Caixin
Dec 01, 2017 07:15 PM
BUSINESS & TECH

Bike-Sharing Leaders Deny Pedaling Off With User Deposits

Shared-bike giant Mobike, which called the report of deposit misuse “erroneous,” called for the bike-sharing industry to always put users’ interests first. Photo: Visual China
Shared-bike giant Mobike, which called the report of deposit misuse “erroneous,” called for the bike-sharing industry to always put users’ interests first. Photo: Visual China

Shared-bike giants Mobike and Ofo have denied accusations of financial mismanagement, amid reports that 6 billion yuan ($909 million) of user deposits has been spent on supporting the rivals’ rapidly expanding businesses.

The report in which the mismanagement claim was made, which was published by technology news website lanjingtmt.com on Thursday, also quoted anonymous sources at both companies as saying that the sector leaders are also struggling to pay bike manufacturers.

Ofo said in a statement that it adopted measures to guarantee the safety of users’ deposits on the day the company was founded, and said users can get their money back without any problems.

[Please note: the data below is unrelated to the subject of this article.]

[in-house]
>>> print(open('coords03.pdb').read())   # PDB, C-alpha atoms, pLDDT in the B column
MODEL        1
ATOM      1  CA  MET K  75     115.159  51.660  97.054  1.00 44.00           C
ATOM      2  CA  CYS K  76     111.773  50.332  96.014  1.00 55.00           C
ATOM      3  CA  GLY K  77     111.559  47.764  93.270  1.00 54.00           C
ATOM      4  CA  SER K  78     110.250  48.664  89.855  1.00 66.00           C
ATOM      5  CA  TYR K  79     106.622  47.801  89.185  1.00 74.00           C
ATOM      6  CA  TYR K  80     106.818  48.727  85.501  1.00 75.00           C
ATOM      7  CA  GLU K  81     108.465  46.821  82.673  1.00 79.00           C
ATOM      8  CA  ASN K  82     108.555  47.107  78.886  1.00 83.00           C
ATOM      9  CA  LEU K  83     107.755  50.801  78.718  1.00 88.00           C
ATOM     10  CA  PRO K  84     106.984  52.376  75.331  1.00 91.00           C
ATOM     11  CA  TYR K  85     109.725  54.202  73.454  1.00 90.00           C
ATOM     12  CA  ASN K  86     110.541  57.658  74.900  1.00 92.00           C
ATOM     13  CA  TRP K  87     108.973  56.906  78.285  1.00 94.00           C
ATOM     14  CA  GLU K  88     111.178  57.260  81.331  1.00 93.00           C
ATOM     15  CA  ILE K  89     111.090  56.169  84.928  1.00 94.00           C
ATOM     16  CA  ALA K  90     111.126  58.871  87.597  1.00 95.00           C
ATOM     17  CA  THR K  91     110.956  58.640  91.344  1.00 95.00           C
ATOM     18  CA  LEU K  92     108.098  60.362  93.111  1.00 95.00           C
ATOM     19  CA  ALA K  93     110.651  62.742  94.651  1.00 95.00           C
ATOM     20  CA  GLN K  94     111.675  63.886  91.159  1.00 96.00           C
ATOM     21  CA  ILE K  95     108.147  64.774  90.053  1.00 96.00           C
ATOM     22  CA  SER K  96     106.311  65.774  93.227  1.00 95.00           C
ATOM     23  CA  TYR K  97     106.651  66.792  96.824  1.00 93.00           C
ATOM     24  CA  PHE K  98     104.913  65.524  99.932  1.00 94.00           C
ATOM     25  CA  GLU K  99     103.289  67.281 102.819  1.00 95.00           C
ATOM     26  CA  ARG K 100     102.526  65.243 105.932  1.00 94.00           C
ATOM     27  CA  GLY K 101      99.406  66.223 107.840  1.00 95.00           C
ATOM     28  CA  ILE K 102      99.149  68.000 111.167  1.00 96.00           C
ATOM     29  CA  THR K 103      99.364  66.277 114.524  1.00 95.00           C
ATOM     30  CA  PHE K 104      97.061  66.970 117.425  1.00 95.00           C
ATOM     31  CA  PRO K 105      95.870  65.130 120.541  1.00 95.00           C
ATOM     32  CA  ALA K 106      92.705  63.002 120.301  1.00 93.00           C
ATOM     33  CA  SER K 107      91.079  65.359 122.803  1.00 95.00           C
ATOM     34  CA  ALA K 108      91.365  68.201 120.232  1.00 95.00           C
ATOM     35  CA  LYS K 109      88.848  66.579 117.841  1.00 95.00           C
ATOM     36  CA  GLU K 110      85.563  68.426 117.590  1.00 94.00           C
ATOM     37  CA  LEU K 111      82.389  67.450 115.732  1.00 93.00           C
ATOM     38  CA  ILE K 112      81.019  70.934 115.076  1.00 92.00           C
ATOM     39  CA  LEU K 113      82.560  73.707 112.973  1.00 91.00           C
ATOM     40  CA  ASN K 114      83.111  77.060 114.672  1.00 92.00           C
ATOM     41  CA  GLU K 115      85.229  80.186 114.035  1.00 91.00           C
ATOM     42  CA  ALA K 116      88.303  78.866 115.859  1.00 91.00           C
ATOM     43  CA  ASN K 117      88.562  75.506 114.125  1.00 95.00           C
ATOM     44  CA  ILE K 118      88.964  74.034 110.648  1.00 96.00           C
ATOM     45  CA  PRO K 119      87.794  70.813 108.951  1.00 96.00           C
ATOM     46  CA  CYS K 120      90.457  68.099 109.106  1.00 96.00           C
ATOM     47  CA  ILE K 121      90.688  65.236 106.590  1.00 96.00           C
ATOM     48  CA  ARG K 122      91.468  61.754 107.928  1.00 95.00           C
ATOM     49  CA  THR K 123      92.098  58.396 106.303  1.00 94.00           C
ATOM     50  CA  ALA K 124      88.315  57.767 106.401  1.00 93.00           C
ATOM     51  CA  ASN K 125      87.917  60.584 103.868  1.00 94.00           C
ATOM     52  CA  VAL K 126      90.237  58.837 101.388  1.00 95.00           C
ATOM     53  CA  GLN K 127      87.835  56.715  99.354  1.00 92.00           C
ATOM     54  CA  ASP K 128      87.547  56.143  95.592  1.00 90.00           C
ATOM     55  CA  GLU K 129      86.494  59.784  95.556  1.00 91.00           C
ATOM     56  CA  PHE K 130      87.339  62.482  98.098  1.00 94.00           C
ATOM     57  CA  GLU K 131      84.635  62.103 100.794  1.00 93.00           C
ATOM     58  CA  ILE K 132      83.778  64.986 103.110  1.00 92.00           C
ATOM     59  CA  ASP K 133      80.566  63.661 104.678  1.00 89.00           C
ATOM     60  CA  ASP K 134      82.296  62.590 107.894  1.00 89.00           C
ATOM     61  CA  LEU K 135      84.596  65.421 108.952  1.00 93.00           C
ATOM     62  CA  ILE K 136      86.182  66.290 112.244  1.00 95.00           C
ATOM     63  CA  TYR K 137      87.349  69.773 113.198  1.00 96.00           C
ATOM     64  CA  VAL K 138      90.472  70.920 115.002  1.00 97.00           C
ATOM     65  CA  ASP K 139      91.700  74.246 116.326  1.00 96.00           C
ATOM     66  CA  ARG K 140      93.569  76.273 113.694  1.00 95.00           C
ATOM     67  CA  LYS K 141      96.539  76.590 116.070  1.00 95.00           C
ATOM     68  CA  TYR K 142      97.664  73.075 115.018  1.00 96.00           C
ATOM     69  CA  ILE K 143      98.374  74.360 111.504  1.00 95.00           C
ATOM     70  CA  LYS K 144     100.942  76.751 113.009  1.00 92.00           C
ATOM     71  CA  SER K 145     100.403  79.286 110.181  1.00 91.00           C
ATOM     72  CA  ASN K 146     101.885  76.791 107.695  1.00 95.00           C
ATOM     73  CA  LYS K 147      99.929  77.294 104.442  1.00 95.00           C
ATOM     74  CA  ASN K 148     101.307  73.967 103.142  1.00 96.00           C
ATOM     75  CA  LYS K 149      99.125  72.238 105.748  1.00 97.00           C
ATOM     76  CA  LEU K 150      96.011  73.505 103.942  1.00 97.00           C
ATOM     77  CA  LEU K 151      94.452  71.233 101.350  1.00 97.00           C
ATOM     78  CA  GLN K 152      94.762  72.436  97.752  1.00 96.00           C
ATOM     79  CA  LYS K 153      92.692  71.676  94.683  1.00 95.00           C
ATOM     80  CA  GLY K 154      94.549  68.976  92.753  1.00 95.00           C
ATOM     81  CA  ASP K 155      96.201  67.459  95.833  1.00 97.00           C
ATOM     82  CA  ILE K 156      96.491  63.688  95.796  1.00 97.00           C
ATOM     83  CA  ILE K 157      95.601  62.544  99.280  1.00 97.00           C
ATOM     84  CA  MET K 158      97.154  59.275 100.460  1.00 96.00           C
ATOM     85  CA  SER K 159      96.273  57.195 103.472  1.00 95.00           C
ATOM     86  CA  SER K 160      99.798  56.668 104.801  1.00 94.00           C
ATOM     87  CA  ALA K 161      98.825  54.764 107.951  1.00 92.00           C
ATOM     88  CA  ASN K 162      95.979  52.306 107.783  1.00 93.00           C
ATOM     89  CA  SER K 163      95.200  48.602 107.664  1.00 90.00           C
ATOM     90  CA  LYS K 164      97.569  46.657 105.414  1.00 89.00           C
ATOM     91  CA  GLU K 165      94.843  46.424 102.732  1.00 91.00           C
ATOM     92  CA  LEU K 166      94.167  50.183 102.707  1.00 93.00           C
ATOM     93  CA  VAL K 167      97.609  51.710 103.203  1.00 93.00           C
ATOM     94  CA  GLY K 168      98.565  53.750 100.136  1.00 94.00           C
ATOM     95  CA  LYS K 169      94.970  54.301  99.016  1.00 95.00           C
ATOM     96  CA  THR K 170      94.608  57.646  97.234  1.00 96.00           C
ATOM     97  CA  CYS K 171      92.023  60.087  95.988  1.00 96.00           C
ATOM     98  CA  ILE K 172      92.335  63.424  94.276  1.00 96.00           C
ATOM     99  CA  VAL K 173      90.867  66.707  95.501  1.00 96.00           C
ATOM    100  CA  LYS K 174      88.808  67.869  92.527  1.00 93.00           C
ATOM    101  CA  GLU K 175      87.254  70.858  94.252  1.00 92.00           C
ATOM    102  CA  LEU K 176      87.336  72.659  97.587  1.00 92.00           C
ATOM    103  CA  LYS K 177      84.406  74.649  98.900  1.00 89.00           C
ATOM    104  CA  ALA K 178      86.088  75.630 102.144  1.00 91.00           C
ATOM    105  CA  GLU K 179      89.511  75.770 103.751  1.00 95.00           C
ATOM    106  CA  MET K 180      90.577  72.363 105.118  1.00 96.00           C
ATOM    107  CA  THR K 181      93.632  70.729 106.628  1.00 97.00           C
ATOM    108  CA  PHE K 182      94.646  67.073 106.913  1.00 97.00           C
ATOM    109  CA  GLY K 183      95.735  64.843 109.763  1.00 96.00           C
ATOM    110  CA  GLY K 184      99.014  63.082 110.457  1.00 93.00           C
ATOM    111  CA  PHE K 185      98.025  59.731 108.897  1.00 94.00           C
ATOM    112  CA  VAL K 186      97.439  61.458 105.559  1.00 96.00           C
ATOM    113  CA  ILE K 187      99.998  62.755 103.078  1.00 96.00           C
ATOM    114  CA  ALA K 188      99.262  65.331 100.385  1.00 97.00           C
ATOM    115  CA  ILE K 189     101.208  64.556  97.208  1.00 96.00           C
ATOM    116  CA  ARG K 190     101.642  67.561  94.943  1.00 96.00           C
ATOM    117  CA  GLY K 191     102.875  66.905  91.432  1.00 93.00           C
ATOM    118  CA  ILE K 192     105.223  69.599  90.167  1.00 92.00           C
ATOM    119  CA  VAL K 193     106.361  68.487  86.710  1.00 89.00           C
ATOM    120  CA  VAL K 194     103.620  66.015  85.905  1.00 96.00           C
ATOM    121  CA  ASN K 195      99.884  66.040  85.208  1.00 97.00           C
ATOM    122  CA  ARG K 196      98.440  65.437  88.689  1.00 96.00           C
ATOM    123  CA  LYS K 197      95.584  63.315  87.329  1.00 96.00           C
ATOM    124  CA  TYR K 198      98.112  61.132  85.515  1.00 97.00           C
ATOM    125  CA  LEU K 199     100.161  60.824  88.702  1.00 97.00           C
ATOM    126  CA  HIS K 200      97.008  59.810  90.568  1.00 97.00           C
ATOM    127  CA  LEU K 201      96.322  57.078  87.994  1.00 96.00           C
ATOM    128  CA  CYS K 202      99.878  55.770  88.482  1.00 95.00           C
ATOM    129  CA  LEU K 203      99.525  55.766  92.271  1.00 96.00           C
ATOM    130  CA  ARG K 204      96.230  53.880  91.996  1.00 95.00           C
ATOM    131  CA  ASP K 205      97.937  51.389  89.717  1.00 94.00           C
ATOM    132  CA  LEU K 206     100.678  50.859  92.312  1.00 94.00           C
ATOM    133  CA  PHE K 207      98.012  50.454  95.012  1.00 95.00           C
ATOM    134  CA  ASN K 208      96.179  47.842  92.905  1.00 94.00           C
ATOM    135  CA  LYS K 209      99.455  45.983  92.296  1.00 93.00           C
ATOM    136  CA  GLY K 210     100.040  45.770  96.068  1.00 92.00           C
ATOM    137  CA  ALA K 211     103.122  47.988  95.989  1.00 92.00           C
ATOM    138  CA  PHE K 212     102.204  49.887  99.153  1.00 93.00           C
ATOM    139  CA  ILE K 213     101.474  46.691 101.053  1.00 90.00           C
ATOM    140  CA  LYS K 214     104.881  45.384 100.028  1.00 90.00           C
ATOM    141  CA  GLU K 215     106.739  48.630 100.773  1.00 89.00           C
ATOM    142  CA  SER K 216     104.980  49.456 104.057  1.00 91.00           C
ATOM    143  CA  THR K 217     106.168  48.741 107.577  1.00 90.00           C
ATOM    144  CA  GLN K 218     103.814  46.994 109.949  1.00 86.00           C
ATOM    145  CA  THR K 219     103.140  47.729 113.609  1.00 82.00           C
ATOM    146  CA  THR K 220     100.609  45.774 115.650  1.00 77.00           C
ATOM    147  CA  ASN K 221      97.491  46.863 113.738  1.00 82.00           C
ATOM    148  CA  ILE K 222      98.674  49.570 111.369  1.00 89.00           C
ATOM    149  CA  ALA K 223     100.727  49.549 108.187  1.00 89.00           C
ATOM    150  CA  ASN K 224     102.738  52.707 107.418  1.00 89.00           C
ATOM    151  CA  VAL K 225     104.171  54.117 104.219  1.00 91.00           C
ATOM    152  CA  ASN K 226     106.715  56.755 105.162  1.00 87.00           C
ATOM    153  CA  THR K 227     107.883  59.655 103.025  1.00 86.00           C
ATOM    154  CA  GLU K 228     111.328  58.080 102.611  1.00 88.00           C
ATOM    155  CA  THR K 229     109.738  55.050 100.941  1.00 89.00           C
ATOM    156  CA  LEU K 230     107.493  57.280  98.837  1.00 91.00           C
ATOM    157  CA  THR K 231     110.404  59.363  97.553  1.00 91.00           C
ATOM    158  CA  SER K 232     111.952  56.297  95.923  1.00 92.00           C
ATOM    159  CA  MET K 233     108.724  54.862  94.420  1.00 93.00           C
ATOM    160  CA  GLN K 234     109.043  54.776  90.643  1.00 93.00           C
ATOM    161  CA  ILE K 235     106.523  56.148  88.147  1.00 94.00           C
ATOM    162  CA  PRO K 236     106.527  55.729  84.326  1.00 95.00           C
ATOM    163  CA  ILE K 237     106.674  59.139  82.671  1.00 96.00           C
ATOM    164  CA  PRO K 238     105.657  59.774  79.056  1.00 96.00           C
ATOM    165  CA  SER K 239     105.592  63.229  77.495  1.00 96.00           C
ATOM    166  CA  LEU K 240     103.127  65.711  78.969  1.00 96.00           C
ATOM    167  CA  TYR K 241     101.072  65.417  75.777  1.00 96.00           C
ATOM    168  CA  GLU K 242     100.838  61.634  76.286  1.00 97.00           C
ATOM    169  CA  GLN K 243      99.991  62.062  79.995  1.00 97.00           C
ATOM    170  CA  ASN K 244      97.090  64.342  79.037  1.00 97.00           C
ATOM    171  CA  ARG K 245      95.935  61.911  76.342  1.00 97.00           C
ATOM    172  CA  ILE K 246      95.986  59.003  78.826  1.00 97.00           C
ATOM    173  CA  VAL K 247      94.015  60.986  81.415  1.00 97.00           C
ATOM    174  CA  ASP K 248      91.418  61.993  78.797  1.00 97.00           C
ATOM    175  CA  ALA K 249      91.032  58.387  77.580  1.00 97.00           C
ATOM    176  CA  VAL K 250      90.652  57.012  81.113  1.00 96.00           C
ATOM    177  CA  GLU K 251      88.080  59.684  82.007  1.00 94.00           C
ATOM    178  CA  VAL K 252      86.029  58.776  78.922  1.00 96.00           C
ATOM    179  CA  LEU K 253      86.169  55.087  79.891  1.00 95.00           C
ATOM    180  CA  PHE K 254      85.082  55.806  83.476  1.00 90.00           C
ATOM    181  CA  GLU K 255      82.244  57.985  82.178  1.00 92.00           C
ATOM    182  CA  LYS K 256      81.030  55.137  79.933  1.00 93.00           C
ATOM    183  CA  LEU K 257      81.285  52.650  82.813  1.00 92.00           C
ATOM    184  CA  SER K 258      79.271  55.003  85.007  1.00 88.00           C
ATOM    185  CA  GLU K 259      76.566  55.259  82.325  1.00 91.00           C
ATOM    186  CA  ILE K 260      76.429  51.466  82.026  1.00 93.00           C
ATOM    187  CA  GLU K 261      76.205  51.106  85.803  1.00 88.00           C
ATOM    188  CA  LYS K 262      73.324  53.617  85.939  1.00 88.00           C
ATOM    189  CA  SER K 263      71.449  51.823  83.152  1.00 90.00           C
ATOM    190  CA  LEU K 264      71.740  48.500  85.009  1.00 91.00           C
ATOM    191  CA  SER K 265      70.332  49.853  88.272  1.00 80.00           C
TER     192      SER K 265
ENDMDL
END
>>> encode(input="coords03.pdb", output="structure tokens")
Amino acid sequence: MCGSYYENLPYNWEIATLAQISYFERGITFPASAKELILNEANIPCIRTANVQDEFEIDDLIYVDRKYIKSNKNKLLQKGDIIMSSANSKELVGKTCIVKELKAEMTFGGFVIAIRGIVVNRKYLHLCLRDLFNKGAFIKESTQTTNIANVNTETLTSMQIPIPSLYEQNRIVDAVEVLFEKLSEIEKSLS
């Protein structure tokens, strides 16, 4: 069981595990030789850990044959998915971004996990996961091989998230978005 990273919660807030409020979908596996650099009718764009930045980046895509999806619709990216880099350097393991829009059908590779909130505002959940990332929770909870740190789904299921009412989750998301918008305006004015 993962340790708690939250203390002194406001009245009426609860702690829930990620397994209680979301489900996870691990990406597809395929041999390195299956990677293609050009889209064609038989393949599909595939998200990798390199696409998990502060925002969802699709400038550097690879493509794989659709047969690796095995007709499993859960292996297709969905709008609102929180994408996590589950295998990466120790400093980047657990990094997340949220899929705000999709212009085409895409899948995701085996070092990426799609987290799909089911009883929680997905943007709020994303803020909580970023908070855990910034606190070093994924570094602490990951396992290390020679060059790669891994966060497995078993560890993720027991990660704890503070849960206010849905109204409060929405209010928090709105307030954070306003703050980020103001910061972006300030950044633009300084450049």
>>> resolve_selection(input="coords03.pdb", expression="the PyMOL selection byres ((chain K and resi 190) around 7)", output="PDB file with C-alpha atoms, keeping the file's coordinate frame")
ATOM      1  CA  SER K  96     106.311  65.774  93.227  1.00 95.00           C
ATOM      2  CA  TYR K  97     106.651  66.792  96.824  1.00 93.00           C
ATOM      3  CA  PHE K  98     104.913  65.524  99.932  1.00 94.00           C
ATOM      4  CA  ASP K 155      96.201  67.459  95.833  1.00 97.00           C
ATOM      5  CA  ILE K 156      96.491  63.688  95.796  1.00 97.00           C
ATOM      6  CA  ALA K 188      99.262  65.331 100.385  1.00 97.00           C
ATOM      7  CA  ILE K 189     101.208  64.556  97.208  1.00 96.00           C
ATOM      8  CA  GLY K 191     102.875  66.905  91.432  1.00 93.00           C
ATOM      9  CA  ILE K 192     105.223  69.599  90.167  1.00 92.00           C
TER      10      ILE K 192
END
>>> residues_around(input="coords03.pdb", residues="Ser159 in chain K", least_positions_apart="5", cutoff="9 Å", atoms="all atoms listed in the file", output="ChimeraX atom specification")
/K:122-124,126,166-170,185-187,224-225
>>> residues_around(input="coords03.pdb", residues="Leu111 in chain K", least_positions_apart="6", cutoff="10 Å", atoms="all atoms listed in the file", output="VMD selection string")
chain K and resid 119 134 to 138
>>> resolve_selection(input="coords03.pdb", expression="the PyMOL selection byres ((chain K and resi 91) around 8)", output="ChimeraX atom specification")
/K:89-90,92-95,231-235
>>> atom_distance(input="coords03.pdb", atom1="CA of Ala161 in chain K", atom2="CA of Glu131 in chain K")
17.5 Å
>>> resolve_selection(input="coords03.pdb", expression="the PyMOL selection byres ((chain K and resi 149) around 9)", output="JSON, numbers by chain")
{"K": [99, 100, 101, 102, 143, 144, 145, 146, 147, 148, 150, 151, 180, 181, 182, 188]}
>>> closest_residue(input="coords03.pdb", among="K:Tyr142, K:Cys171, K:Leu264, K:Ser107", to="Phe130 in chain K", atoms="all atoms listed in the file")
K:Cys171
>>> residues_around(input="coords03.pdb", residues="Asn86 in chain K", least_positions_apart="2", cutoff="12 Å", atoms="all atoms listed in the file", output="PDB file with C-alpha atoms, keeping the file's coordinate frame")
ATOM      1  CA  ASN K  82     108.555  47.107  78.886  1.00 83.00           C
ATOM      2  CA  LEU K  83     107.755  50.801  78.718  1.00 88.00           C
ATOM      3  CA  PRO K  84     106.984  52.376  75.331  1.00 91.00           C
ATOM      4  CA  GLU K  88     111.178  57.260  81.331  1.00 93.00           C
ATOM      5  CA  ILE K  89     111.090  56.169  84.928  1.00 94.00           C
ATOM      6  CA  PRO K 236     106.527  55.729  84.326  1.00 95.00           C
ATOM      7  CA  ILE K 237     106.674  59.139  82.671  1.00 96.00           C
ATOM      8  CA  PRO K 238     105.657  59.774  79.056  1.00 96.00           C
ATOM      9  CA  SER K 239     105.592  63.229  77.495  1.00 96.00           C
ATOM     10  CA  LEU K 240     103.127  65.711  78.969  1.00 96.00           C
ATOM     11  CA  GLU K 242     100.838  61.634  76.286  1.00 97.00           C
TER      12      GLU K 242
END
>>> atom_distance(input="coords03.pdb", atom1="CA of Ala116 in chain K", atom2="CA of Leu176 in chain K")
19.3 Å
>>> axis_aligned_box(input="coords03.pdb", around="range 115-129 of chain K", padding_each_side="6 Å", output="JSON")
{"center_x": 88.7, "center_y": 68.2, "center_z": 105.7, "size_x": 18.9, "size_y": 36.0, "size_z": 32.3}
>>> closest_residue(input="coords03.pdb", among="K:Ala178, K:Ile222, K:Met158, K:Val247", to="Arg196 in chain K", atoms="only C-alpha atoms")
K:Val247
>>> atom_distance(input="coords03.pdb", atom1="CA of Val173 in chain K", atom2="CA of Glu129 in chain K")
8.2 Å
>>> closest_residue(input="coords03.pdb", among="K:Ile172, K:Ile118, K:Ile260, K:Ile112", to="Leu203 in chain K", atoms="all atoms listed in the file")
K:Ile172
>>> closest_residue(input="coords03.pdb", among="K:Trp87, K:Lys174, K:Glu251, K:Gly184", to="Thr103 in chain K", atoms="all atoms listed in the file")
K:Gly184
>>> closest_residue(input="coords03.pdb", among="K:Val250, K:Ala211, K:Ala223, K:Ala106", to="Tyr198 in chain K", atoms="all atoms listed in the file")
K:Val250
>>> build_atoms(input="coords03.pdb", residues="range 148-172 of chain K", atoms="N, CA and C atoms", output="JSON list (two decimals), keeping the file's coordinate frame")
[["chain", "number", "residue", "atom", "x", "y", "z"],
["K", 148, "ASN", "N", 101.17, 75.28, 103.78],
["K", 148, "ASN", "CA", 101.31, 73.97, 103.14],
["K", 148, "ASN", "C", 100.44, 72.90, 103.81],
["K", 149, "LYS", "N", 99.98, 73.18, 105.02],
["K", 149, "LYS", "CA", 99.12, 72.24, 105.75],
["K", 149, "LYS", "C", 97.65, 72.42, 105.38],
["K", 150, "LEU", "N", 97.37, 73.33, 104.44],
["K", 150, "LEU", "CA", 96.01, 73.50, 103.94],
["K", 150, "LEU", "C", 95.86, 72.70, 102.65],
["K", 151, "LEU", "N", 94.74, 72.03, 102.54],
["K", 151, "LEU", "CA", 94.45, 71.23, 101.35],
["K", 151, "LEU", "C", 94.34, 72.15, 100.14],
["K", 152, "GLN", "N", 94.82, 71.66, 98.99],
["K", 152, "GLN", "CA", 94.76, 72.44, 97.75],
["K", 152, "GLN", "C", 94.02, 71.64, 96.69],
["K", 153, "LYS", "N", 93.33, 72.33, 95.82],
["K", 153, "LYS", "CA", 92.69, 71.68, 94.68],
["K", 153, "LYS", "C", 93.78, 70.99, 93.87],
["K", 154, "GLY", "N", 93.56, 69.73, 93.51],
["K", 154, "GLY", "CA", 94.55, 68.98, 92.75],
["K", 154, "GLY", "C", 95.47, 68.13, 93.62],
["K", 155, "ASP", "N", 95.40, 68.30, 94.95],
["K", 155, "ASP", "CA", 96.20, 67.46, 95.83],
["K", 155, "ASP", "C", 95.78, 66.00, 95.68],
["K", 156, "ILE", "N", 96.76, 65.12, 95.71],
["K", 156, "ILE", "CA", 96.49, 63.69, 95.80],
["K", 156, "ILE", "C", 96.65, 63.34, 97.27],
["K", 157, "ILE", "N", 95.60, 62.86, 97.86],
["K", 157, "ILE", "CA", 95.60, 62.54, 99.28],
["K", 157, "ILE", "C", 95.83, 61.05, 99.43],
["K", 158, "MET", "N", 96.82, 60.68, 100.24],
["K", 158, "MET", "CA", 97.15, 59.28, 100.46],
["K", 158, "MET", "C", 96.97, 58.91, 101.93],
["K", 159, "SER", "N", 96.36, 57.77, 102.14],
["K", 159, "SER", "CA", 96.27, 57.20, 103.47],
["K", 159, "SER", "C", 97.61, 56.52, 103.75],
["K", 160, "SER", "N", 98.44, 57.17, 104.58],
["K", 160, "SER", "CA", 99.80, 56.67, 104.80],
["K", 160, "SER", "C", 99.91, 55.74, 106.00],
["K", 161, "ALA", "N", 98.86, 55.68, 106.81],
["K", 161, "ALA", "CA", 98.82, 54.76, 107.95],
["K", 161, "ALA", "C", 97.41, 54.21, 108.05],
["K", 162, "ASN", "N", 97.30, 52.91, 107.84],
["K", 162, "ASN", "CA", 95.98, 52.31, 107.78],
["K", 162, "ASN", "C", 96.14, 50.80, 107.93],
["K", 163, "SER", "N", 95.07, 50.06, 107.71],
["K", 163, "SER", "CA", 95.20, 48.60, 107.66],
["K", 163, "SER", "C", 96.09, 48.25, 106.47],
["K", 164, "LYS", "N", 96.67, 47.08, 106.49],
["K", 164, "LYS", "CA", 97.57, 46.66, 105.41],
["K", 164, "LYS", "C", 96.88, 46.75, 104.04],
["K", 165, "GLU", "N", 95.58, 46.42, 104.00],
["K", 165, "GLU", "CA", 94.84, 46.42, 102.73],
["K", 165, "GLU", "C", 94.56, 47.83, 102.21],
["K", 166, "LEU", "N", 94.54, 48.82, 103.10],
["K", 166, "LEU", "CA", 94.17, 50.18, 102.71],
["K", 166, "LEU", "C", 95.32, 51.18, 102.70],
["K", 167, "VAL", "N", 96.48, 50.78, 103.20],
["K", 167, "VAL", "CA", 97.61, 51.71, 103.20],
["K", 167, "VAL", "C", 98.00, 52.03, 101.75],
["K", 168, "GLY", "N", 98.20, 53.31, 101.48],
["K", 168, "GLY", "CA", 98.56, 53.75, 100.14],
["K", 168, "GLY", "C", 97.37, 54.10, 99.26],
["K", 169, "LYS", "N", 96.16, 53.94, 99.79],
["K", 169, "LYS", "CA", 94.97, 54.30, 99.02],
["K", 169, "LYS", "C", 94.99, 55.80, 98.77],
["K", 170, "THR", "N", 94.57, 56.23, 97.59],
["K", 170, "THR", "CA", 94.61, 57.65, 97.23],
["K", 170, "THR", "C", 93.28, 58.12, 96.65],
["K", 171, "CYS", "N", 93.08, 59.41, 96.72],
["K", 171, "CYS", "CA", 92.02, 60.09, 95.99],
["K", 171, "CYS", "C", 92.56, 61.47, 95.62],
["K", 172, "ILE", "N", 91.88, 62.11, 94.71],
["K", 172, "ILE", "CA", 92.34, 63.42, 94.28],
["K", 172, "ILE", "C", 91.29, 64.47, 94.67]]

In Mobike’s response to what it called “erroneous reports,” the company said it maintains the lawful right to protect its own interests and called for the bike-sharing industry to always put users’ interests first.

China’s shared bike industry has become increasingly consolidated after two years of exponential growth, which has produced a market dominated by Mobike and Ofo.

The volatile market — which has seen dozens of companies rushing in — has seen several players collapse already, including Wukong and 3Vbike. Bluegogo, one of China’s top second-tier bike-sharing companies became the latest casualty last month when it was revealed that the company has ran into serious financial problems.

These bankrupt or financially troubled bike-sharing companies have become a source of concern for regulators, as some users have complained that they have not been able to get their deposits back.

The Ministry of Transport said last month that China will work on policies to better manage the problem and “take proactive measures” to prevent risks. And in May, the ministry and the People’s Bank of China released a draft report that said these deposits have to be strictly separated from other funds to avoid misuse.

Speculation is rife that the bike-sharing industry will follow the route of other formerly booming sectors in the country, which usually end up with a monopoly to avoid costly competition.

The most prominent example is the car-hailing sector, which is now dominated by Didi Chuxing after it merged with Uber last year.

However, both Mobike and Ofo insist that they won’t merge. At a recent public event, Wang Xiaofeng, the CEO and co-founder of Mobike, dismissed this idea once again, saying “I don’t think there is any possibility of a merger.”

Wang said his company will focus on differentiating its products and improving its brand connections with users, which he described as the two key ways of avoiding a merger.

Contact reporter Mo Yelin (yelinmo@caixin.com)

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